Taking Care Of Your Pet’s Teeth

February is a short, but busy month, celebrating several holidays and events. Amongst all the festivity, this month celebrates the importance of your dog’s dental health. Bad breath isn’t anything to disregard, and neither is the care you need to provide to keep your dog smiling bright. Dogs can’t readily use a toothbrush to keep their teeth, gums, and breath looking and smelling fresh. You need to understand how and why dog dental care is an important part of the relationship between you and your canine companion.

Unlike humans, dogs lack an opposable thumb so they can properly brush their teeth. Silly as it may sound, dogs instinctively understand that their teeth need to stay clean. Certain habits, such as chewing on sticks and other items (hopefully not your hat) actually help keep your dog’s teeth clean. Because they don’t brush every day, like our dentist tells us to do, dogs naturally help keep their teeth clean for longer periods through the chewing process.

Goodies to help

A dog’s natural instinct to chew makes for an excellent way for you to help them take care of their teeth. There are various dental toys and treats on the market that promote dog oral health. Some of them work well, while others can have odd side effects (some of them smell like mulched grass and the smell sticks to your dog). Preferably, treats that have shaped ridges and provide quality nutrients are the best. Though they may be a little expensive, they won’t make your dog’s breath smell funny or even lead to some digestive tract trouble (diarrhea).

Rawhide has been the ideal solution for puppy dental health for the longest time, but unfortunately, it can clog up a dog’s intestines and accumulate over time. Young dogs who are teething may not have as much trouble with rawhide, but as they get older, rawhide should be used sparingly.

But, chewing doesn’t guarantee the health of their teeth. A dog’s diet is important, providing the necessary nutrients to strengthen teeth and promote oral hygiene. Be sure that you select your dog’s food properly for all health and hygiene related reasons.

Brushing properly

This leads us to your important role in your dog’s dental health. Brushing teeth can be difficult, especially if your pup isn’t used to you putting your hands or any other object in their mouth. Not many dogs will just up and let you start brushing, so you have to work with them and get them used to the process. Ideally, you should brush your dog’s teeth once every two weeks. Perhaps this could coincide with bath time, followed by something exciting for them. Remember, you don’t want your dog to fear the process. When you’ve successfully brushed, be sure that your dog realizes that this is a positive experience. Offer them a treat, or take them out for an exciting afternoon with you. Whatever you do, let your dog know that when they brush, they will be rewarded.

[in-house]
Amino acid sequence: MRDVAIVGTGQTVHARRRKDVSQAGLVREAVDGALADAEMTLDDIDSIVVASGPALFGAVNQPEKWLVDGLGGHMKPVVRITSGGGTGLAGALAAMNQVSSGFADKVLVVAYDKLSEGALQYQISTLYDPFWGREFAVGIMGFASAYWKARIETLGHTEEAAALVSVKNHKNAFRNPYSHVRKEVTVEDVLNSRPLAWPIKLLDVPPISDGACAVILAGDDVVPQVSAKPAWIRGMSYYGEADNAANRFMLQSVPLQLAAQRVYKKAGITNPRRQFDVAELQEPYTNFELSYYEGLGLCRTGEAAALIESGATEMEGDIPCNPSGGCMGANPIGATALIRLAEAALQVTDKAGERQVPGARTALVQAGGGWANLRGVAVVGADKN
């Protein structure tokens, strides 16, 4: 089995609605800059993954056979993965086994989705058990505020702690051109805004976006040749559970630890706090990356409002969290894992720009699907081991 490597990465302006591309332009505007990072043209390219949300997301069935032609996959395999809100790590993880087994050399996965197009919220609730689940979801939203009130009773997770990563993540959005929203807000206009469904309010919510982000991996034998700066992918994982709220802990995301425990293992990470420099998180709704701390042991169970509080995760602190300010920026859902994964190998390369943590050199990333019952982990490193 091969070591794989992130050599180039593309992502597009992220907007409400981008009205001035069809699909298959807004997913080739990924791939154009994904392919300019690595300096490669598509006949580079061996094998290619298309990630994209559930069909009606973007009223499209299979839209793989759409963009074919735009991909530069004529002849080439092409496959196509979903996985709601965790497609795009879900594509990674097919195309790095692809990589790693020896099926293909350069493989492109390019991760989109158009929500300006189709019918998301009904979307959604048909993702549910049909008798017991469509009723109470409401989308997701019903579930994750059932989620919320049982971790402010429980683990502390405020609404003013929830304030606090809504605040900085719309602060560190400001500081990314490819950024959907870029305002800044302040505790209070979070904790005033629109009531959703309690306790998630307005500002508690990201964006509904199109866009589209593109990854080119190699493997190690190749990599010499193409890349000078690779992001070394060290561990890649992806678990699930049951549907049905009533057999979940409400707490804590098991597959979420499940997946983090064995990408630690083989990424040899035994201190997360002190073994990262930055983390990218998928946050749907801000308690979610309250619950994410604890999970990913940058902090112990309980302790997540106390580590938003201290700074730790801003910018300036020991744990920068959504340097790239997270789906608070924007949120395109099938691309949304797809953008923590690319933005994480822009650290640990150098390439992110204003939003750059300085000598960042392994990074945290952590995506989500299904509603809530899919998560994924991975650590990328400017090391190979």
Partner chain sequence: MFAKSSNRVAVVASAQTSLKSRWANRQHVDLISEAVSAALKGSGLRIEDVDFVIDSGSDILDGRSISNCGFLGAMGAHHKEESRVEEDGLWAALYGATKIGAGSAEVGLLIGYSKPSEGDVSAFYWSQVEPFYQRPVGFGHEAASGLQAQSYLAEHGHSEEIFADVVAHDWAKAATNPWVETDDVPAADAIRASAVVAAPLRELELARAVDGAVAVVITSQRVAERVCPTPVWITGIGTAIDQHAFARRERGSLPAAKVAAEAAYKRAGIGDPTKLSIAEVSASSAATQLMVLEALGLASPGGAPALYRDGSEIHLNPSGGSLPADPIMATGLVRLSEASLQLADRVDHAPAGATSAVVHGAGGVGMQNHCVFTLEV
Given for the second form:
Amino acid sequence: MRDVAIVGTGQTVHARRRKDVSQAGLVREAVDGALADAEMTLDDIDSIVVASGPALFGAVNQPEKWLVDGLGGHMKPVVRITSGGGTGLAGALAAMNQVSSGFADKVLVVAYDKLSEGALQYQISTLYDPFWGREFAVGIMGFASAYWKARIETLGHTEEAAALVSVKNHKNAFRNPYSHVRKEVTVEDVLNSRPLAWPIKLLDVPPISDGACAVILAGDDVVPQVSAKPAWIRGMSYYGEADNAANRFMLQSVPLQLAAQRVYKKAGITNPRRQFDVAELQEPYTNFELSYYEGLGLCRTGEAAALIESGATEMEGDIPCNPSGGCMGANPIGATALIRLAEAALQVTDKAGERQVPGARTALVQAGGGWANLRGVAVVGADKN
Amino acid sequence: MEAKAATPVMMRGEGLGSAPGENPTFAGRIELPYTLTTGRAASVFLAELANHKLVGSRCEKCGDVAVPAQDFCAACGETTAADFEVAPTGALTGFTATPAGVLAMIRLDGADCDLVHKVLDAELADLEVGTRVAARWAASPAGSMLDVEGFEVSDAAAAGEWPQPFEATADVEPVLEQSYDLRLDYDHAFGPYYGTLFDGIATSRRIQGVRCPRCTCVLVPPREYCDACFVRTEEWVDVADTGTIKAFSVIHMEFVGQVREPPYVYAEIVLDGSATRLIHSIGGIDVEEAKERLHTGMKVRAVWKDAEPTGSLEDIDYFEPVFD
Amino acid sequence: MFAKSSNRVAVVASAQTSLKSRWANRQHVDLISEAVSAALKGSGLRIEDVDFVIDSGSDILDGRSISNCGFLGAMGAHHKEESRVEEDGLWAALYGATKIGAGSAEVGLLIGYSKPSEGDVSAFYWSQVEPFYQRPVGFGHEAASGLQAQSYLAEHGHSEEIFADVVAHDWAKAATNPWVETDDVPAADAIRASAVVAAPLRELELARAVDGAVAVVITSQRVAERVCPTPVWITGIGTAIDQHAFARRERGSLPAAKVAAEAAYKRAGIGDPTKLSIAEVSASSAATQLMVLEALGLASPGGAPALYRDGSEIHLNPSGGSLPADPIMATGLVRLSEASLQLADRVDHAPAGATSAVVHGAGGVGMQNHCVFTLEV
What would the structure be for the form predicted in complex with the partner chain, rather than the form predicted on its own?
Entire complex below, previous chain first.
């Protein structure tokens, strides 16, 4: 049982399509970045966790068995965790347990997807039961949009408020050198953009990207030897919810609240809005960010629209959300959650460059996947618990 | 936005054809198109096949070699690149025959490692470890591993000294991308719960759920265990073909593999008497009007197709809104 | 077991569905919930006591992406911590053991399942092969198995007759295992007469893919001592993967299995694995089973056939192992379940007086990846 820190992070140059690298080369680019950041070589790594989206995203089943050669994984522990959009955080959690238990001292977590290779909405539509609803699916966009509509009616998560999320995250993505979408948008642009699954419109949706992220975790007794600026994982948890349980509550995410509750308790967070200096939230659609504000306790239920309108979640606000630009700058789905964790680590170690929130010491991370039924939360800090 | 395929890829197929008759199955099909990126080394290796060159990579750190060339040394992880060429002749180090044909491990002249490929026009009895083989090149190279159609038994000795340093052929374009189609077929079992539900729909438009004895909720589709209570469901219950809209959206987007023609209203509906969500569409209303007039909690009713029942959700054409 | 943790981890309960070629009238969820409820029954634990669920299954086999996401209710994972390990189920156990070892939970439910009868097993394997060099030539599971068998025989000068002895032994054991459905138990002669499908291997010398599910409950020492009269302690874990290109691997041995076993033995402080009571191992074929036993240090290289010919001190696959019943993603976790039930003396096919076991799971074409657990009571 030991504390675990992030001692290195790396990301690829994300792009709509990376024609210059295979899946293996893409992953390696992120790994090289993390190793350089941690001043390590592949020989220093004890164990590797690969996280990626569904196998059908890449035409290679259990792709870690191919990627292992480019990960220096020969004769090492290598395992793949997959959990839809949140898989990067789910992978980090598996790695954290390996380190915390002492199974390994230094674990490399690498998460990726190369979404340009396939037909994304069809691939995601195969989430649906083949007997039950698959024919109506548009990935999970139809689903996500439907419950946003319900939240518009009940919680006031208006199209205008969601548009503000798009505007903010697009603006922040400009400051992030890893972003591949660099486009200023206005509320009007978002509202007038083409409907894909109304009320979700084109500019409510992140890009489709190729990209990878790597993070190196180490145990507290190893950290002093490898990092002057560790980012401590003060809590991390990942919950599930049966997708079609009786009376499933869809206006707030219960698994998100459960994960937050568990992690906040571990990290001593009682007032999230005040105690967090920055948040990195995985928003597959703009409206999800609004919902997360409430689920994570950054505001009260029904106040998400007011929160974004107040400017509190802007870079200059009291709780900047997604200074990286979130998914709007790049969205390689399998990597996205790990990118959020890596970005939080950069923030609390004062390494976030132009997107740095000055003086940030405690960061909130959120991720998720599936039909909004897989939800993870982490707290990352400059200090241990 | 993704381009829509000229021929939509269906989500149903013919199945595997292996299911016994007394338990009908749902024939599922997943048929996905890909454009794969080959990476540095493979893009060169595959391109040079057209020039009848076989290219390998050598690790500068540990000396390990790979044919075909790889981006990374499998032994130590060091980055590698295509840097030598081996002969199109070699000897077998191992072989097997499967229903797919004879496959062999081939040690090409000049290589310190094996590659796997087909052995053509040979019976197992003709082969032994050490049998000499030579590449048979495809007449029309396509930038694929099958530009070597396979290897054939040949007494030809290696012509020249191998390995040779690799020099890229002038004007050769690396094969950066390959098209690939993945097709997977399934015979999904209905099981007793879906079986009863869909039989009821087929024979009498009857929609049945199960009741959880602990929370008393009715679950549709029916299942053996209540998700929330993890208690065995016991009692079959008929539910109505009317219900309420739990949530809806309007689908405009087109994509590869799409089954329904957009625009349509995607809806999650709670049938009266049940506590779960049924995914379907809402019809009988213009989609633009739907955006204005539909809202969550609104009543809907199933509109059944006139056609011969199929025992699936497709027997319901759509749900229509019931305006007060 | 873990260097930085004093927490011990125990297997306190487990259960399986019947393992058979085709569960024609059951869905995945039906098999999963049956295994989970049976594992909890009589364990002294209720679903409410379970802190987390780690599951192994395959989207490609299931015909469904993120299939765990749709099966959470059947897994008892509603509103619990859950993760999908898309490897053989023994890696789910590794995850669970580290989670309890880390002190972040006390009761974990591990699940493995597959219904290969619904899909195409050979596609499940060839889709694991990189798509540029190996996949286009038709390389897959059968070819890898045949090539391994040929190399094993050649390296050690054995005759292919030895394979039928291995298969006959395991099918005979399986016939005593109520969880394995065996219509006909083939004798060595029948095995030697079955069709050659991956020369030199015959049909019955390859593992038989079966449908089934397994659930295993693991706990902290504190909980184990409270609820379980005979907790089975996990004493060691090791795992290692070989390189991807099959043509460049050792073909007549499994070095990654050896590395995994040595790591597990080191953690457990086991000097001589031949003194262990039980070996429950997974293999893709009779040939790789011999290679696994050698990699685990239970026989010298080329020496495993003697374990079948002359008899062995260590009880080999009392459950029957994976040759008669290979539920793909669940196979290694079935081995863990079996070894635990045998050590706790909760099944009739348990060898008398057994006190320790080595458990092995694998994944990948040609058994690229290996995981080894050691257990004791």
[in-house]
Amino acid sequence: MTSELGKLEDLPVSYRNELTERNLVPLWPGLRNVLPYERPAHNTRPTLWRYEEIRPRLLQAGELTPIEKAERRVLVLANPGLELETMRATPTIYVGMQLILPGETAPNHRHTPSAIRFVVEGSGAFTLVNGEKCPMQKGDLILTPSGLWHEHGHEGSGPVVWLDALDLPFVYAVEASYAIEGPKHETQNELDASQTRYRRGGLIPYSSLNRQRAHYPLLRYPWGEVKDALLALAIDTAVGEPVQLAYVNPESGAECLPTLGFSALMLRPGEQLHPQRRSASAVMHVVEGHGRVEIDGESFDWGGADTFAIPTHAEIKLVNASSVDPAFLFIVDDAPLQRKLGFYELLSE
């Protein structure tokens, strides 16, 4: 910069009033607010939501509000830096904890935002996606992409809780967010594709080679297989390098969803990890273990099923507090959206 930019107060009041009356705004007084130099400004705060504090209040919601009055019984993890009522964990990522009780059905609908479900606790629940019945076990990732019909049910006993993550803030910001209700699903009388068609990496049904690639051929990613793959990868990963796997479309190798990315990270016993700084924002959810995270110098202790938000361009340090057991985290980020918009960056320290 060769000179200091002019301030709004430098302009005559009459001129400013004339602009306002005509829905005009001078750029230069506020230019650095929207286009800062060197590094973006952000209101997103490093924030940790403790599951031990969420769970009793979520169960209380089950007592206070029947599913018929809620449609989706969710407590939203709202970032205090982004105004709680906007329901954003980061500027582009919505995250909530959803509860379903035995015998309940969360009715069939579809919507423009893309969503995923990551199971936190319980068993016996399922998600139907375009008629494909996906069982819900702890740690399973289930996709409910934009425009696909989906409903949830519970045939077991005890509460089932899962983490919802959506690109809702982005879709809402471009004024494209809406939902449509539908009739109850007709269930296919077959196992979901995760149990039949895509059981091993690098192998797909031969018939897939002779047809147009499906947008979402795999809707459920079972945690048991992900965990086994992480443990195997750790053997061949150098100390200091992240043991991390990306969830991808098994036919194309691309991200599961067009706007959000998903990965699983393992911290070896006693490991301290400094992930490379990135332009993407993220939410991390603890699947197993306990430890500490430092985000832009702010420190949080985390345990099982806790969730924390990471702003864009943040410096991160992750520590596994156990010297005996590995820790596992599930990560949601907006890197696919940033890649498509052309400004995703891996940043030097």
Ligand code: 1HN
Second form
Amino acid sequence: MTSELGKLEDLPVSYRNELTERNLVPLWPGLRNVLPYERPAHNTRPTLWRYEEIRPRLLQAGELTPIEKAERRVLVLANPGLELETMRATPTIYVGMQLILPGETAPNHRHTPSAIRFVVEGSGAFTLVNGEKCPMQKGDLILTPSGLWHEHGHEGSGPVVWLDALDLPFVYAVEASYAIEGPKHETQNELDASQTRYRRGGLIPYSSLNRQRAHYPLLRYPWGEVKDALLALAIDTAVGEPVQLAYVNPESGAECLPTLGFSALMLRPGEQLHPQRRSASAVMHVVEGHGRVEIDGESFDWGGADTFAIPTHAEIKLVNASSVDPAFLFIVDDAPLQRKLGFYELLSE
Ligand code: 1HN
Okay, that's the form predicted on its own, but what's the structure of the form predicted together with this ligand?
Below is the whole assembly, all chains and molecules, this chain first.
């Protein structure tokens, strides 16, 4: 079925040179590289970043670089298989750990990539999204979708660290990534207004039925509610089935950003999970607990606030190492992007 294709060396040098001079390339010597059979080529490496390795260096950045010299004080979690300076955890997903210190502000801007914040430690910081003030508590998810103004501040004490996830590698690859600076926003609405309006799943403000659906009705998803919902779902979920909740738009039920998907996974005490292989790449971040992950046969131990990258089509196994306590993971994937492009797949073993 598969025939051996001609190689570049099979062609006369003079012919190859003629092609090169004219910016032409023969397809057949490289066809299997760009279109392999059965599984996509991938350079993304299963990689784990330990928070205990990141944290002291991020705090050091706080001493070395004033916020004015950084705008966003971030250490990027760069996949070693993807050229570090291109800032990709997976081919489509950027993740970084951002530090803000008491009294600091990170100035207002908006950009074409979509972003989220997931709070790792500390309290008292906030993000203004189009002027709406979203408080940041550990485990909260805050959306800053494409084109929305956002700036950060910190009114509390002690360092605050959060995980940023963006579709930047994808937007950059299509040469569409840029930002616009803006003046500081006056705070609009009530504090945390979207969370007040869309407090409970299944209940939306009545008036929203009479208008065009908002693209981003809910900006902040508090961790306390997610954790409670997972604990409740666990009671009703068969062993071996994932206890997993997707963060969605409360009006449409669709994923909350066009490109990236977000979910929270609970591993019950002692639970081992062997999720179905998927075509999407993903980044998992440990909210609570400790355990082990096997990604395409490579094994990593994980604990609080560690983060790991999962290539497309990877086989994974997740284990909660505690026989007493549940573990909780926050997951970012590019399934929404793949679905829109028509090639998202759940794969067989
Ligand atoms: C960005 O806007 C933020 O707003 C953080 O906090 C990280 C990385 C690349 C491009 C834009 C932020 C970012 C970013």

Start by getting them used to you touching their teeth. First, wash your hands thoroughly, and don’t leave any soapy residue on your hands. Then, sit down with them on the floor, spread their lips to reveal their teeth, and start brushing in a circular motion with your finger. Generally, you would start at the back and work your way to the front and across. This gets them used to the idea of you having your hands in their mouth. If they nip or lick, stop, pause, and start over. Practice for a few days. When your pup becomes accustomed to the process, you can add a brush and toothpaste to the challenge. Here is the important part- there is a large difference between dog toothpaste and human toothpaste. Never use human toothpaste on a dog, as the chemicals, primarily fluoride, can make a dog extremely sick. Dogs can’t, or won’t, spit out toothpaste. This means that they swallow whatever goes in their mouth. Keep that in mind while you’re brushing, and be generous with the doggy toothpaste.

There are a variety of brushes available for dogs, the most effective being the finger brushes. These brushes slip on your finger so you can easily control the motion of the brush and won’t confuse or scare your dog (or give him any ideas about turning a toothbrush into a chew toy).

Taking care of your dog’s teeth is an important role in your relationship with your dog. Regular brushing, healthy dental treats, and time and effort well spent will help ensure that your dog keeps smiling a bright pearly smile for a long, happy lifetime.

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